After Brexit, we cannot go back to politics as usual.
Finally leaving the EU on 31 January was a joyful occasion for all Brexiteers. But as the Sun began to rise on 1 February, a more sobering reality began to dawn on those of us who are Leavers, but not Tories. The Conservative Party now has carte blanche to govern unopposed, and though Labour is on the backfoot, the old two-party system, which many of us wanted to disrupt, remains firmly embedded in Westminster.
Boris Johnson’s election-winning slogan – ‘Get Brexit Done’ – epitomised a mode of thinking that is hostile to democratic reform and radical change. Brexit is presented as something to get over the line – nothing more, nothing less. This hinted at a retreat into politics as usual, a return to the kind of status quo that existed before the Brexit vote.
The victory of Leave in 2016 breathed new life into politics. Grassroots organisations sprang up across the country, buoyed by a hope that politics was finally going to change. Brexit was about more than just leaving the European Union. It was about shaking up an establishment that had become detached, technocratic and absorbed in its own echo chamber. When the Brexit Party spoke of ‘Changing Politics for Good’ this resonated with so many people. The farcical post-referendum period exposed the gulf between ordinary citizens and their political representatives, which had been growing for some time.
But at the last election, Brexiteers were presented with a clear ultimatum. We were told that anything other than a vote for the Conservatives could jeopardise Brexit. Brexiteers chose accordingly and Boris Johnson gained the majority he needed to deliver Brexit. This had to happen. But it also prevented any outsiders from entering the lofty Palace of Westminster.
For those of us who want serious constitutional reform, it would be all too easy to become defeatist. But what would that achieve? Had those campaigning to leave the EU fallen at the first hurdle, then Brexit would still be a distant dream. In fact, the events of the past few years should serve as a reminder to be optimistic. When people mobilise and make their presence felt at the ballot box, things can and will change.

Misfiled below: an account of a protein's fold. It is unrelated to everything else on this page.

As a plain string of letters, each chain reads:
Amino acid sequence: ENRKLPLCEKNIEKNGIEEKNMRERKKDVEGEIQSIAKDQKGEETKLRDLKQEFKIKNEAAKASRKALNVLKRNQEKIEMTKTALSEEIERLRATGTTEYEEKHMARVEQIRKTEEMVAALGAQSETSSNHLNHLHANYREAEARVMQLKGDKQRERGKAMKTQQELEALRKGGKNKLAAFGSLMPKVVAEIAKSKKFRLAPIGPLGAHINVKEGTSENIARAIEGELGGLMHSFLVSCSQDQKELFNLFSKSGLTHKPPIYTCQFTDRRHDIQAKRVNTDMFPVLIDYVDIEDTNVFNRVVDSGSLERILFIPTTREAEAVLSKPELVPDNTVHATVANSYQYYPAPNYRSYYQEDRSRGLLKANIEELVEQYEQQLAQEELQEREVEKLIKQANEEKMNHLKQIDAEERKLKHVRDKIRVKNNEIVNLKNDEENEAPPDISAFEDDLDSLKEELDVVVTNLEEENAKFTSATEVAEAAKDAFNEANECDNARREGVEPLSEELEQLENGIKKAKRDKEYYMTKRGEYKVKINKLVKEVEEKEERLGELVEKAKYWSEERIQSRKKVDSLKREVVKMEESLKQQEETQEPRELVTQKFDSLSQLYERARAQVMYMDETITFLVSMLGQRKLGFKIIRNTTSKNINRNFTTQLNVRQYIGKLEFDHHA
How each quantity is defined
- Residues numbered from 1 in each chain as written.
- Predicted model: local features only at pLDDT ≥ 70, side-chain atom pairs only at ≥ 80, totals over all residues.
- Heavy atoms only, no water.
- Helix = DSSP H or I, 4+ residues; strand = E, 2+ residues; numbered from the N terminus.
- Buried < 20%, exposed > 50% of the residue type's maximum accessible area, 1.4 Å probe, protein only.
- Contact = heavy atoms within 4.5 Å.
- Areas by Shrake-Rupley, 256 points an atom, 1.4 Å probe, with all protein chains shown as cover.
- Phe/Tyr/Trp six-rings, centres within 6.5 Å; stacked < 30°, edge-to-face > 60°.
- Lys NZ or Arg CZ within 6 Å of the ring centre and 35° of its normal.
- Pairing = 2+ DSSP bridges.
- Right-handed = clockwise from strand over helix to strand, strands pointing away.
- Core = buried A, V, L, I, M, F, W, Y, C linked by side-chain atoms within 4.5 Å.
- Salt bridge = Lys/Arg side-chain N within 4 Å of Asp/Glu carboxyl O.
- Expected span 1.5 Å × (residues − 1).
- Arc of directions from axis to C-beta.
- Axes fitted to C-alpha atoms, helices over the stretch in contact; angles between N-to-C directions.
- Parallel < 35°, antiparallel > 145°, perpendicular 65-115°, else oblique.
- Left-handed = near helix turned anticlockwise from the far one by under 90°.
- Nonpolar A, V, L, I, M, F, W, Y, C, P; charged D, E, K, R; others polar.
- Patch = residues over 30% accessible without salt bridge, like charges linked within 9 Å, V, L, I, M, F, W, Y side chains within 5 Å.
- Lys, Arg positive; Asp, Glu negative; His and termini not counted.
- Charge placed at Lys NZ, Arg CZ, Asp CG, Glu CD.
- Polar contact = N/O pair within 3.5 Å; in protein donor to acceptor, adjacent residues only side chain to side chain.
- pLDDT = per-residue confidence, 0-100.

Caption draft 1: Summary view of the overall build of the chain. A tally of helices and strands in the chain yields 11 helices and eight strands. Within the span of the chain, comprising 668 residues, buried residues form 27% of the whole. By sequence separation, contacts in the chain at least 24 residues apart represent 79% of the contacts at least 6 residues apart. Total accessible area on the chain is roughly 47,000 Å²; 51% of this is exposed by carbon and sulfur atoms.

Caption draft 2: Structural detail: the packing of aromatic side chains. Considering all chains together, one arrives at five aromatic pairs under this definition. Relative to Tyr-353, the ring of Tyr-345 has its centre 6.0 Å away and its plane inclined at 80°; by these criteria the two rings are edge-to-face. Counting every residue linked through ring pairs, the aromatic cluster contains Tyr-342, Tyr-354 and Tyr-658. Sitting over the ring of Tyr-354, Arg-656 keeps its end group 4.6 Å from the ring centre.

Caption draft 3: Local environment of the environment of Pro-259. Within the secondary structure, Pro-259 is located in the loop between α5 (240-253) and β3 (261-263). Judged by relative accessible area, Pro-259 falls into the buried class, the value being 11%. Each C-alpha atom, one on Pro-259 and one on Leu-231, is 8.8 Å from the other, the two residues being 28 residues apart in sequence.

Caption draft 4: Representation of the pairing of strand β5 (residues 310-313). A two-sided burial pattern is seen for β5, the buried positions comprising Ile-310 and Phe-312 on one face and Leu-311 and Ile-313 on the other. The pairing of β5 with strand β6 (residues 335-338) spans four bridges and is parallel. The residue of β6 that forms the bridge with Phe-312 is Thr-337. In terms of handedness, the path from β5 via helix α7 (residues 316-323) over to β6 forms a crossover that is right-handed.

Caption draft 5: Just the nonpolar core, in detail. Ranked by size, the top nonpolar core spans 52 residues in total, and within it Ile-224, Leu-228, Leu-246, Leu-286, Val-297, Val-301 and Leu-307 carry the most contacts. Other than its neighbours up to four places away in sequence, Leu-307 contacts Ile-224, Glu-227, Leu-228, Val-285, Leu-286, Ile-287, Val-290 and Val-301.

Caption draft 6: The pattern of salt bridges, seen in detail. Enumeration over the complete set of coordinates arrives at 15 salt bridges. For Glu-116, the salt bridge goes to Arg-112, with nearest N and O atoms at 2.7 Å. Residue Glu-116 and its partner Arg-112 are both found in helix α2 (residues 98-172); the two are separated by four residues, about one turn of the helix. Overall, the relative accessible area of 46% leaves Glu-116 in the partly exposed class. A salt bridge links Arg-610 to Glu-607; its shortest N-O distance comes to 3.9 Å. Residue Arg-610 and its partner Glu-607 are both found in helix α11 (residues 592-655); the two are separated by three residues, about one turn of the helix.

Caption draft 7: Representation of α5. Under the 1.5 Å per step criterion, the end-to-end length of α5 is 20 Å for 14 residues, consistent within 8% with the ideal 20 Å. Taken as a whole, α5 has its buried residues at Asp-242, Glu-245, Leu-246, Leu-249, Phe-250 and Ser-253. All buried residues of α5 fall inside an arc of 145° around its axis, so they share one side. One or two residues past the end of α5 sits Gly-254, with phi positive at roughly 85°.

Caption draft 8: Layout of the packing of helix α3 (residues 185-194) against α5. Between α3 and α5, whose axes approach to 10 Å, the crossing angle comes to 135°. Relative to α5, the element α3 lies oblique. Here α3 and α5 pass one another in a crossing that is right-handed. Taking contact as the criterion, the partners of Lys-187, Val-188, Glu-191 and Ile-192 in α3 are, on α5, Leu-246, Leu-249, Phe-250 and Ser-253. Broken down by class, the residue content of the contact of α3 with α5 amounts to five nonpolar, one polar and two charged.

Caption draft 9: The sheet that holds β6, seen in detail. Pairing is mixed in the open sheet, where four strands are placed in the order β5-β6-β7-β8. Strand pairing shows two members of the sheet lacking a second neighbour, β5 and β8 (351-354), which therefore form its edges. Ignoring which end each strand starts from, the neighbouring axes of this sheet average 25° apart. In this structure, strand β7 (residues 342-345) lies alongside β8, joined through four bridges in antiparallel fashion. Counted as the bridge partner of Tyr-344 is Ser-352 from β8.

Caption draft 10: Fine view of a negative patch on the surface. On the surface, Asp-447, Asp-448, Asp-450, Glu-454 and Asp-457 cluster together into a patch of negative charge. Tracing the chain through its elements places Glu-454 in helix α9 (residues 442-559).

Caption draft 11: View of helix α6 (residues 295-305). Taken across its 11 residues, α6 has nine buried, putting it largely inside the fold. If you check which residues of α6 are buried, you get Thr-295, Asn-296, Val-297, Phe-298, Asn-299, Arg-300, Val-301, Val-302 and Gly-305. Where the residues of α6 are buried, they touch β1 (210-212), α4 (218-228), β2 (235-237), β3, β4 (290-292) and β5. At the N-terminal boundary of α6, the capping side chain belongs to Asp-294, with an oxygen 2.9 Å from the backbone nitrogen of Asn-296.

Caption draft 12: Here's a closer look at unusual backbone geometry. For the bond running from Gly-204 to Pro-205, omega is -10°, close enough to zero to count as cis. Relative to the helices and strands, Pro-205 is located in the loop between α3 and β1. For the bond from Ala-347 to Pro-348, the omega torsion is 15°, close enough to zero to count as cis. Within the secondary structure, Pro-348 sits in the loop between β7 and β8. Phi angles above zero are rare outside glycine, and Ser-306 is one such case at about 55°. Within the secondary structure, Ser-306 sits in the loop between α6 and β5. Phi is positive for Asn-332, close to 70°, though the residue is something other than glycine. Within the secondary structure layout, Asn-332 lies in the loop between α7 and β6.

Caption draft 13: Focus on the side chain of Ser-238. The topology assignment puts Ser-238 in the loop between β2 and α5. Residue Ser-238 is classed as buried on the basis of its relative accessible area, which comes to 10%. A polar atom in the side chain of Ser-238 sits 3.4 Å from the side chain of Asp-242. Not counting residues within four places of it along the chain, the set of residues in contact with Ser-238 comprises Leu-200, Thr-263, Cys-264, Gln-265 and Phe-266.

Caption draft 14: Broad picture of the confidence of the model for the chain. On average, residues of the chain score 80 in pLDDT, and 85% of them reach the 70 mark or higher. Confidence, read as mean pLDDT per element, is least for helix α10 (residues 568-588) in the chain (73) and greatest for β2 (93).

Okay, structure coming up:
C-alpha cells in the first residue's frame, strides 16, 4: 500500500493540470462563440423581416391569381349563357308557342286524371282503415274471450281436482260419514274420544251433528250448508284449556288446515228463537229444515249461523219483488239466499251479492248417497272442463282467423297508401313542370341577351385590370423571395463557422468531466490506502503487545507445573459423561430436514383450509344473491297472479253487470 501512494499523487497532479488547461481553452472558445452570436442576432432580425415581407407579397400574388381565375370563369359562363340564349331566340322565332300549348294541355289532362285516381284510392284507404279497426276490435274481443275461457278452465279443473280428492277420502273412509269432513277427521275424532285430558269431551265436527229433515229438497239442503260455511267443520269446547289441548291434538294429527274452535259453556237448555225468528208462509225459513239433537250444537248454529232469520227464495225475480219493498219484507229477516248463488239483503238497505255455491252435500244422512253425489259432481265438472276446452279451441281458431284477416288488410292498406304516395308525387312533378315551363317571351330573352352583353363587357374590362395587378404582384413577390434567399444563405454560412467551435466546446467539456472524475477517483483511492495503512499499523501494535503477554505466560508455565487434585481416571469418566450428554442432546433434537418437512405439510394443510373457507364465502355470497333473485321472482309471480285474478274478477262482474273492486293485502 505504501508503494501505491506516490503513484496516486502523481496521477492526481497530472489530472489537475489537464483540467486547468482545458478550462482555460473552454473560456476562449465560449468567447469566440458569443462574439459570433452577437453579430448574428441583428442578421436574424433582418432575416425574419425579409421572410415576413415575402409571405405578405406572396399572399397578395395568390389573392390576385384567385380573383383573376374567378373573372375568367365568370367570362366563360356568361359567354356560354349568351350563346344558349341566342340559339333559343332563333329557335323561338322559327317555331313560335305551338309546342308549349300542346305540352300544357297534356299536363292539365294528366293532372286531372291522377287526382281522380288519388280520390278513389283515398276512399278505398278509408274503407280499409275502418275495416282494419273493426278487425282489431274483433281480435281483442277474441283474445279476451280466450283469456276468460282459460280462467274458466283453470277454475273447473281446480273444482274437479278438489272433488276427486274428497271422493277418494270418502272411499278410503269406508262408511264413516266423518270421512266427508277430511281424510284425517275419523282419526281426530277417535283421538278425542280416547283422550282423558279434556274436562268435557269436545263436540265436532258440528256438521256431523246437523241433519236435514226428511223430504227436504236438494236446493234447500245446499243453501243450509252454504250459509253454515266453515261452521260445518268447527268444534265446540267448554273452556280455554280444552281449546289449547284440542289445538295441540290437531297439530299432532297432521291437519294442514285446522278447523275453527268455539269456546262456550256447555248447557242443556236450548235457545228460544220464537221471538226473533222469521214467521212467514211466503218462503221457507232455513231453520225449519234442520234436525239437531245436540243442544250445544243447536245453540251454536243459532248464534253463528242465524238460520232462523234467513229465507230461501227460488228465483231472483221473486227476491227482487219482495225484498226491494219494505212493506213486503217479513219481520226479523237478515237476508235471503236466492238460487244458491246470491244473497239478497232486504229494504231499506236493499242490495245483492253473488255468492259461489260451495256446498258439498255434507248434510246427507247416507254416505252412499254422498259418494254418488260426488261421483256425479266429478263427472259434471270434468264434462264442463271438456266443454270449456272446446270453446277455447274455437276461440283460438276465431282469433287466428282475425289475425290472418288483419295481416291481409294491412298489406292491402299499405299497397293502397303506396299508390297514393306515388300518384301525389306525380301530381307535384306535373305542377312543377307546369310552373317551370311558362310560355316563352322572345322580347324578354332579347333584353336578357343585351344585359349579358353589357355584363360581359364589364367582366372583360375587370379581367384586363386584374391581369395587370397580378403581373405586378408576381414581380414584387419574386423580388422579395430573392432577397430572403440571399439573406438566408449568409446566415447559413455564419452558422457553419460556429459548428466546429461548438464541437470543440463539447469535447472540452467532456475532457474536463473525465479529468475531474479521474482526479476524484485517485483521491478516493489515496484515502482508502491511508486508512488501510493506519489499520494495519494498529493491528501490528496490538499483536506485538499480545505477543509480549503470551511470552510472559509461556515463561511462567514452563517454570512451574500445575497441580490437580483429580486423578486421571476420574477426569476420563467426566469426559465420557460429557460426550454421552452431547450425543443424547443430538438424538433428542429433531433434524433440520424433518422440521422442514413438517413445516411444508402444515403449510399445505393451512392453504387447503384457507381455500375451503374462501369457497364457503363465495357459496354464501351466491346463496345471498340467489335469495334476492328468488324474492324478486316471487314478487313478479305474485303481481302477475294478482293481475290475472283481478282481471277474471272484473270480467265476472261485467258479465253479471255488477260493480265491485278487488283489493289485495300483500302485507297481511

So, what next? That is the question two former Brexit Party MEPs, Claire Fox and Henrik Overgaard-Nielsen, alongside a host of prominent panellists, will explore at the Changing Politics for Good conference in Stockport on 29 February. Initiatives like this are badly needed to deepen the passion for popular politics that was inspired by the referendum. Already, groups initially set up to discuss Brexit have rebranded as democratic forums, and local parties promising change have been formed to contest council elections. We need more of this.
In politics, nothing is guaranteed. It is possible that politics will now return to stale rigidity and get caught up in the usual tax-and-spend debates. But change does not happen overnight. It took nearly two decades for those who opposed the Maastricht Treaty to achieve an in / out referendum on the EU. If change is what we want, now is the time to fight for it.
Sam Parker is a former adviser at the European Parliament.
Changing Politics for Good: What Next? will take place at the Cheshire Conference Centre in Stockport on 29 February. Get tickets here.
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